Reflection: Grappling with Complexity The Wife of Bath's Prologue - Section 2: Introducing The Wife of Bath


Students are often amazed at what a close reading of the Wife of Bath in the General Prologue can reveal about her and her character. The last two lines in particular are deeply revealing and this year there was a "huh, how did we get that much meaning from those two lines" reaction from the students. 

I explain to the students that it's about zeroing in on the verbs first, and then the adjectives and adverbs.  For example in those last two likes it says, "Of remedies of love she knew perchaunce". Knowing a remedy suggests that she has training in cures.  To know a cure she most be able to identify the disease. This kind of inductive thinking can be overwhelming to kids, but it can also be empowering.  The key, is slowing down and taking students through the steps. Chaucer is deliberately setting up a relationship between "remedies" and "know" by putting remedies first, he wants us to think about cures and their causes and then to let us know that the Wife has experience with remedies, she knows them.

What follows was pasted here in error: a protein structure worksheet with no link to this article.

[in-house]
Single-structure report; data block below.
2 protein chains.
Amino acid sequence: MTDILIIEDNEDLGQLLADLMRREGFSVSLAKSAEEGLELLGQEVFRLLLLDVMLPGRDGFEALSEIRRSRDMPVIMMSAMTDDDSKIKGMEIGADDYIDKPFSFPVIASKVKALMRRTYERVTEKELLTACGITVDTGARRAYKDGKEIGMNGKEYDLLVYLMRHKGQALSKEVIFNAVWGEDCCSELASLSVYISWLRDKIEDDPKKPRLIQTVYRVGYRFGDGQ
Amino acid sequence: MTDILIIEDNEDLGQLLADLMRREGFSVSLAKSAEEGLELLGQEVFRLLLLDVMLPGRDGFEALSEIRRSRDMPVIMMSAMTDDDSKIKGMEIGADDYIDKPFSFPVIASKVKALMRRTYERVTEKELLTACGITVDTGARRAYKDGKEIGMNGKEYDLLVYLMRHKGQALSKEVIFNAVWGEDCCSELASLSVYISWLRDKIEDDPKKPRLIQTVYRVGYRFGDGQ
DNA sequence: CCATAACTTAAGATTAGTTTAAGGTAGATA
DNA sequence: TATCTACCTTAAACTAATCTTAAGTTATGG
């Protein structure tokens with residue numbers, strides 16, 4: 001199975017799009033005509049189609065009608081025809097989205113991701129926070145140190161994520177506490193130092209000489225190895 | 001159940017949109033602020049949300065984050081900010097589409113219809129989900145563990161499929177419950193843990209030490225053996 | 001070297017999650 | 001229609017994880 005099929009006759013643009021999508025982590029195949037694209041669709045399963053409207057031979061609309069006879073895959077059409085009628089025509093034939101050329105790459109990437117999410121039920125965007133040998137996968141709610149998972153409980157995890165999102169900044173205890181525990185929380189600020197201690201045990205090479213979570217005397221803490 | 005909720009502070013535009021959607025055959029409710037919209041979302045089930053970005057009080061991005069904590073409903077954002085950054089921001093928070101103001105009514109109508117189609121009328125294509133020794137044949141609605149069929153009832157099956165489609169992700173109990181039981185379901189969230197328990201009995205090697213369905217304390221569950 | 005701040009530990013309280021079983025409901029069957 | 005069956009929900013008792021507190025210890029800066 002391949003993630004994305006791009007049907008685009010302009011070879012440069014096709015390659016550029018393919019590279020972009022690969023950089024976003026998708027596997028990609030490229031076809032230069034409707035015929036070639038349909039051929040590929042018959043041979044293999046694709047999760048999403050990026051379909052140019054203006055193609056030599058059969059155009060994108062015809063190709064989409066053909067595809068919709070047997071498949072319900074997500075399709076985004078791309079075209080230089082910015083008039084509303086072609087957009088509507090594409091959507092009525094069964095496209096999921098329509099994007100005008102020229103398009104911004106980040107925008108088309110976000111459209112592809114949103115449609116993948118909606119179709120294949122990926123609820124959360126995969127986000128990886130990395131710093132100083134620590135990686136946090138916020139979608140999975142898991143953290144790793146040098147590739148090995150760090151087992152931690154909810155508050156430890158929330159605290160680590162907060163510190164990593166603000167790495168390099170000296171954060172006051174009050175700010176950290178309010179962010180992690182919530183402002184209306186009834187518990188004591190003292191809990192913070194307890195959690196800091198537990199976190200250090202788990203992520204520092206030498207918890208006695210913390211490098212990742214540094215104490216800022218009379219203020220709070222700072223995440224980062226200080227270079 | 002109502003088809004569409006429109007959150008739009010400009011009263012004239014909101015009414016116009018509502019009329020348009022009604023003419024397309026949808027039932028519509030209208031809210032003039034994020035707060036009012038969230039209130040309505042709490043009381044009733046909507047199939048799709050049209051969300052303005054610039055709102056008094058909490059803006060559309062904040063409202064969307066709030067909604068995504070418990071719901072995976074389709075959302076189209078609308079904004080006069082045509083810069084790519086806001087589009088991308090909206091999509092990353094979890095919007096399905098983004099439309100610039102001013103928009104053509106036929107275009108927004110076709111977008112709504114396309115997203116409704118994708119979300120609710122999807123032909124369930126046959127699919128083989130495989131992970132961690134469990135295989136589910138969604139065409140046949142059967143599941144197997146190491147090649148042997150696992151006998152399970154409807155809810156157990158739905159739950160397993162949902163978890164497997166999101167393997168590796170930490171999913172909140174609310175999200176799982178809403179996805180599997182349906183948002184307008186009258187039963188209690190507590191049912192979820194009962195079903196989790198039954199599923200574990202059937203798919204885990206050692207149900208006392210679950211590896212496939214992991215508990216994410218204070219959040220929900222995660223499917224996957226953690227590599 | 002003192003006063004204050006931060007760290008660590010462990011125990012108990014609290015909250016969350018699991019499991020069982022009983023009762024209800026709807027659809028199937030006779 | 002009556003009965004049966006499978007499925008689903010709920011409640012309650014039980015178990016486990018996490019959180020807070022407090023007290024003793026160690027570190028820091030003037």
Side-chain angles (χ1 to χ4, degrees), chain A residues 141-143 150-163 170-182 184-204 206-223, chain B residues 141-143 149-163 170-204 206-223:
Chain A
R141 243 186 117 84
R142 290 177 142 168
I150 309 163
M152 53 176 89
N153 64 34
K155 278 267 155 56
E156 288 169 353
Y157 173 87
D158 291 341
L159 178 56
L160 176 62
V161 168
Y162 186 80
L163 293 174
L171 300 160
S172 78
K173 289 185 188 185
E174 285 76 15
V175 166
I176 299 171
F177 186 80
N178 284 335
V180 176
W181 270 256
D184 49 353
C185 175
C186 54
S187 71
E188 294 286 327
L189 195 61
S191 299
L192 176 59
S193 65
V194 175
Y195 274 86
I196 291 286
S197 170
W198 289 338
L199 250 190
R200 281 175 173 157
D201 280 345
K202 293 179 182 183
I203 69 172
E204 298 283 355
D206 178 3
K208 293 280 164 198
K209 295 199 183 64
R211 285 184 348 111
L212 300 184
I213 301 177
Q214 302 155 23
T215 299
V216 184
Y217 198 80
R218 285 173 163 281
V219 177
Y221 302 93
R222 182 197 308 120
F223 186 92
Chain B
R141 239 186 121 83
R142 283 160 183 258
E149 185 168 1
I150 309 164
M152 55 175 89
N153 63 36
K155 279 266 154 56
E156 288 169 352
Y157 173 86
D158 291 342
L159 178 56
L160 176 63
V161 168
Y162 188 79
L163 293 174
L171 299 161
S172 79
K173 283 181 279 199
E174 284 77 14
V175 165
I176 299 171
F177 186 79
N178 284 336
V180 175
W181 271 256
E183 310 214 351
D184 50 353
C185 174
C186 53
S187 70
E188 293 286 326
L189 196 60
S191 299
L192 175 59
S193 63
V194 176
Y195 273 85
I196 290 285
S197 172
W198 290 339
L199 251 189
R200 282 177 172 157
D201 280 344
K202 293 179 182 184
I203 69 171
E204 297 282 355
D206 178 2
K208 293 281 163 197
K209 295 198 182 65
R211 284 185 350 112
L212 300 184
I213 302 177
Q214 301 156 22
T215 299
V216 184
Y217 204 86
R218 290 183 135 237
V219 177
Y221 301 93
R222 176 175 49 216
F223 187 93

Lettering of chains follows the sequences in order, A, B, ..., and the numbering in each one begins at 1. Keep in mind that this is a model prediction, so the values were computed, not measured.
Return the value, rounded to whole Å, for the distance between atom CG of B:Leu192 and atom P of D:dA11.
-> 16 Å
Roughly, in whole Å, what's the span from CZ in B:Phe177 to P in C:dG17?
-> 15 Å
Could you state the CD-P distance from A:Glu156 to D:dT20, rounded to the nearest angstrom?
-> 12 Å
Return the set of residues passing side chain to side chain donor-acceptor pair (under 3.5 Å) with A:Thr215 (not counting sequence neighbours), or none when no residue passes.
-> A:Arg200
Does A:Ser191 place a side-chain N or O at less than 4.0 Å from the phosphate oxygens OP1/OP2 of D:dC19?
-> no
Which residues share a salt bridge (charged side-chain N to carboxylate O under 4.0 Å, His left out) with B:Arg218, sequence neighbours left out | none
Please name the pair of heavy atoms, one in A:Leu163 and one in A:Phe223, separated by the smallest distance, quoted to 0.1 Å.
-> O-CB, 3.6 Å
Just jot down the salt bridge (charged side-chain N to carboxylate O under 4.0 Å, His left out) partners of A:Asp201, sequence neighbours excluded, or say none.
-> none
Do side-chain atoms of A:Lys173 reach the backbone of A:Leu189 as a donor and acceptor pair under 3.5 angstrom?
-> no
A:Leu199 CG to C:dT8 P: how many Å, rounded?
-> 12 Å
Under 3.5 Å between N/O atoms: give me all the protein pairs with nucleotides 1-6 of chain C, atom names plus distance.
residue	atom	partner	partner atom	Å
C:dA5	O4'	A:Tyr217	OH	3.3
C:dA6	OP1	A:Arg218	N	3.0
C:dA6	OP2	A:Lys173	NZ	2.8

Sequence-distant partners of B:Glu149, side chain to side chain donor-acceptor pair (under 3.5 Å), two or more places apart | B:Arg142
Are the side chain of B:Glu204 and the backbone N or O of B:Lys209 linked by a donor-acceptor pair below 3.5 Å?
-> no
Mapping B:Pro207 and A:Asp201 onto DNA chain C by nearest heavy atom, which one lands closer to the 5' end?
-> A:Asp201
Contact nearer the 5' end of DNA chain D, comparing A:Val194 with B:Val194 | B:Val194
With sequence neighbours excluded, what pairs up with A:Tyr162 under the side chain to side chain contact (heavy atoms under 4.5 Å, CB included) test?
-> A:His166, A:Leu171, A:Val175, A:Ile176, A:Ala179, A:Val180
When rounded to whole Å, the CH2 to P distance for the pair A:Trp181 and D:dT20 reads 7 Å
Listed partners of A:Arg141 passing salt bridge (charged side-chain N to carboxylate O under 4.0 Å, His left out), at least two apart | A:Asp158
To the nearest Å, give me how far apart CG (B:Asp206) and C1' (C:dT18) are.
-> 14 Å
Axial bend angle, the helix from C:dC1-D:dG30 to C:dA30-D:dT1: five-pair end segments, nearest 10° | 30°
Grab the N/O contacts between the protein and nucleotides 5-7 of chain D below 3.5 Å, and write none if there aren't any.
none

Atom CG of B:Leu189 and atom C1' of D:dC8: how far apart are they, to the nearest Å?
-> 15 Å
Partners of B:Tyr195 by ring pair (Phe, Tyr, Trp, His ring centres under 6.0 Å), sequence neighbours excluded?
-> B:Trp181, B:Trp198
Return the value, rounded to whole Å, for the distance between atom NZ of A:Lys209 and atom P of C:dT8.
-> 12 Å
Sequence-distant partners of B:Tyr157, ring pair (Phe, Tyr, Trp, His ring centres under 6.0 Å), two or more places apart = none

Using Vocabulary to Build Comprehension
  Grappling with Complexity: Using Vocabulary to Build Comprehension
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The Wife of Bath's Prologue

Unit 7: Canterbury Tales - The Wife of Bath's Tale
Lesson 1 of 8

Objective: SWBAT read understanding the subtexts of the text including purpose and audience.

Big Idea: How does Chaucer give female characters voice? Is the voice ironic?

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7 teachers like this lesson
English / Language Arts, Research and Technology, research methods (Writing), outlining, irony, Canterbury Tales, The Wife of Bath, purpose and audience, Subtext, organization, analyze details and draw conclusions, History of ideas, difficult vocabulary, word etymologies
  55 minutes
wife of bath
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